According to a recent New York Times article, flossing may be overrated. The article explained that while the American Dental Association says that flossing is essential, The Academy of Periodontology acknowledged that evidence falls short, which caused a stir and garnered a lot of attention on social media outlets.
I sent the article to Dr. Garol, RMB’s friend at The Smile Shop, to get her take, and this is what she had to say:
Is flossing really that important?
Yes, I believe so. Toothbrushes are unable to reach/remove bacteria between the teeth by itself, which is why flossing is so important. Floss helps with the physical removal of plaque and bacteria from between the teeth. It’s not just an up and down quick motion to get food out between the teeth. To floss properly, you should contour the floss around one side of the tooth, and then rub the floss up and down the side of the tooth and into the gum a few times. While in between the same teeth, contour the floss onto the other tooth and repeat.
When should a parent start flossing their child’s teeth?
It is important to start flossing once your child’s teeth are touching. This can start from an early age when the front teeth are touching – perhaps around 2 years old to about 5 or 6 years old when the teeth start touching in the back. These are the areas that the toothbrush cannot reach by itself. Sometimes laying the child on the floor between the parents legs give the best view as well as angle for flossing and brushing.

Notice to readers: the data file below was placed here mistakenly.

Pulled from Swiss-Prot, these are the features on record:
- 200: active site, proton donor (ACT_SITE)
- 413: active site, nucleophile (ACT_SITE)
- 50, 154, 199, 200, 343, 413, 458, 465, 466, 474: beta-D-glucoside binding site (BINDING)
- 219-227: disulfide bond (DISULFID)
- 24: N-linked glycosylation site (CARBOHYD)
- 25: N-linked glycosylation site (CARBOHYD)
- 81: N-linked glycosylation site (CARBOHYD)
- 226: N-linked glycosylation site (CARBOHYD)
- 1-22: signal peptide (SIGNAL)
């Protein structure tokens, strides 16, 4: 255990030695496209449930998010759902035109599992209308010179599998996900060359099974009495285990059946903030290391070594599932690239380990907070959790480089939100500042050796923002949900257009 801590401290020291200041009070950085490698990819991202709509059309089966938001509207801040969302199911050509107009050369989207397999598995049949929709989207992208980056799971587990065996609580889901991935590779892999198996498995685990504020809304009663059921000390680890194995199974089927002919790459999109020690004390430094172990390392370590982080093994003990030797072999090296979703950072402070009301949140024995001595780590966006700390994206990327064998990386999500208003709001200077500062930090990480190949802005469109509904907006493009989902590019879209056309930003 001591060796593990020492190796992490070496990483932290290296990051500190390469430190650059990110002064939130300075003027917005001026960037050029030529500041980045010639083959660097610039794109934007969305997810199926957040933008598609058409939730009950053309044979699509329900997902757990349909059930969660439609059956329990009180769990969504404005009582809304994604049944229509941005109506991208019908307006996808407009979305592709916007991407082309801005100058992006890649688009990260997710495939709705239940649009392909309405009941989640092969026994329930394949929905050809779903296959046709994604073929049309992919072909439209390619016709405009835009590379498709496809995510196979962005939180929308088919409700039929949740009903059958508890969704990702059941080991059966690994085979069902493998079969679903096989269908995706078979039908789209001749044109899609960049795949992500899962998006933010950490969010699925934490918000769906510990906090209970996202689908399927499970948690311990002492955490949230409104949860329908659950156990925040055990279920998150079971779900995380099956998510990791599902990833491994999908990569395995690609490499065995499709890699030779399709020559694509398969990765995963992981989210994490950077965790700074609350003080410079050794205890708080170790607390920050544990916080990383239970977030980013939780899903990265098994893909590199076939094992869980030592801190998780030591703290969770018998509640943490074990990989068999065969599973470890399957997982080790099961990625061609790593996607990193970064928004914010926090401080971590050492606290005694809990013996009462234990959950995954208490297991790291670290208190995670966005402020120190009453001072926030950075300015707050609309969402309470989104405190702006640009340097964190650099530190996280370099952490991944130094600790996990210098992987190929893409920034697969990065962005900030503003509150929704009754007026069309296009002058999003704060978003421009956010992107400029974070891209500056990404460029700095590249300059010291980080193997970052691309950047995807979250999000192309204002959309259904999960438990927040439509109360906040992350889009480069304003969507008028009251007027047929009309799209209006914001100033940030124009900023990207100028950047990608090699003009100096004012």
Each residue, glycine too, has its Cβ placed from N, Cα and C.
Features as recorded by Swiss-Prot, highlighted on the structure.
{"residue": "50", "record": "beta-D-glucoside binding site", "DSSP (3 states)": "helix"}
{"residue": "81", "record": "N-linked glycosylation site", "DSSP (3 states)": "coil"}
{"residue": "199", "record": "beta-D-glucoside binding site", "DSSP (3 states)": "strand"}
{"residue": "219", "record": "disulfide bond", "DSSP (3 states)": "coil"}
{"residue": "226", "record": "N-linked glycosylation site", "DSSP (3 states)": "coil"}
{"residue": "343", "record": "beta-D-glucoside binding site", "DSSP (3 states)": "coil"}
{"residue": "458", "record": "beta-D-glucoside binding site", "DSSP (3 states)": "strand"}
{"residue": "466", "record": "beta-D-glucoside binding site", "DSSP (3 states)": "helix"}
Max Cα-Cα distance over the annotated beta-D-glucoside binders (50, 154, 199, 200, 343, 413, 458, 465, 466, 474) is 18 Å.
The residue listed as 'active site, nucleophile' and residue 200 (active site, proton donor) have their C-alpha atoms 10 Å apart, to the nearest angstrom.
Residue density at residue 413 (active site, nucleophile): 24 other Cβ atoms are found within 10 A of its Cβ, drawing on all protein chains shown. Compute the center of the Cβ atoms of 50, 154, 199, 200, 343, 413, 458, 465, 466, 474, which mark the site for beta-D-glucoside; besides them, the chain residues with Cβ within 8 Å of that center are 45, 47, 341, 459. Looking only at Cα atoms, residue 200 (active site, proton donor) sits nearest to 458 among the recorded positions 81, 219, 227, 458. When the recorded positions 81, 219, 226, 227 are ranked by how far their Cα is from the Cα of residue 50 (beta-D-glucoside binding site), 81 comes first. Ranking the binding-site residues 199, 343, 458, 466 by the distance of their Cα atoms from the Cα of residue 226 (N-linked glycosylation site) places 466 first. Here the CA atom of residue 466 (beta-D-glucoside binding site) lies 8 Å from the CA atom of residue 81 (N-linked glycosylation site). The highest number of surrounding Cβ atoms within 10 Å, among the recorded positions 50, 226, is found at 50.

Do parents really need to floss their child’s teeth every day?
The areas where the teeth are touching are not getting brushed by the toothbrush, so it is ideal to floss teeth once a day. At night is the best time so that you can brush and floss everything the child ate throughout the day before they go to bed.
At what age can a child floss their own teeth?
For children to be able to brush and floss their own teeth properly, they must have the dexterity to do so. Typically, a good rule of thumb for brushing is when they are able to tie their shoes proficiently around age 6 or 7. They should still be monitored by parents until about age 11 to ensure that they are consistently brushing properly. Flossing is a little harder when using regular string floss wrapped around fingers, so it might be a good idea to use floss with small handle while using the same technique described above. Flossing requires more technique, so parents may want to help with flossing until the child can demonstrate proper flossing technique.
About Dr. Garol
Dr. Whitney Garol attended Galena High School, then the University of Nevada, Reno where she graduated with distinction, receiving her Bachelor of Science degree in biology and a minor in psychology. Dr. Garol graduated magna cum laude with a doctor of dental medicine degree from the University of Nevada, Las Vegas School of Dental Medicine. Always having a passion for treating children, she decided to further her training with a pediatric dental residency at Cincinnati Children’s Hospital. At one of the premier children’s hospitals in the nation, she received extensive training to provide excellent dental care to infants, children and adolescents. She is a board candidate of the American Board of Pediatric Dentistry and active member of the American Academy of Pediatric Dentistry.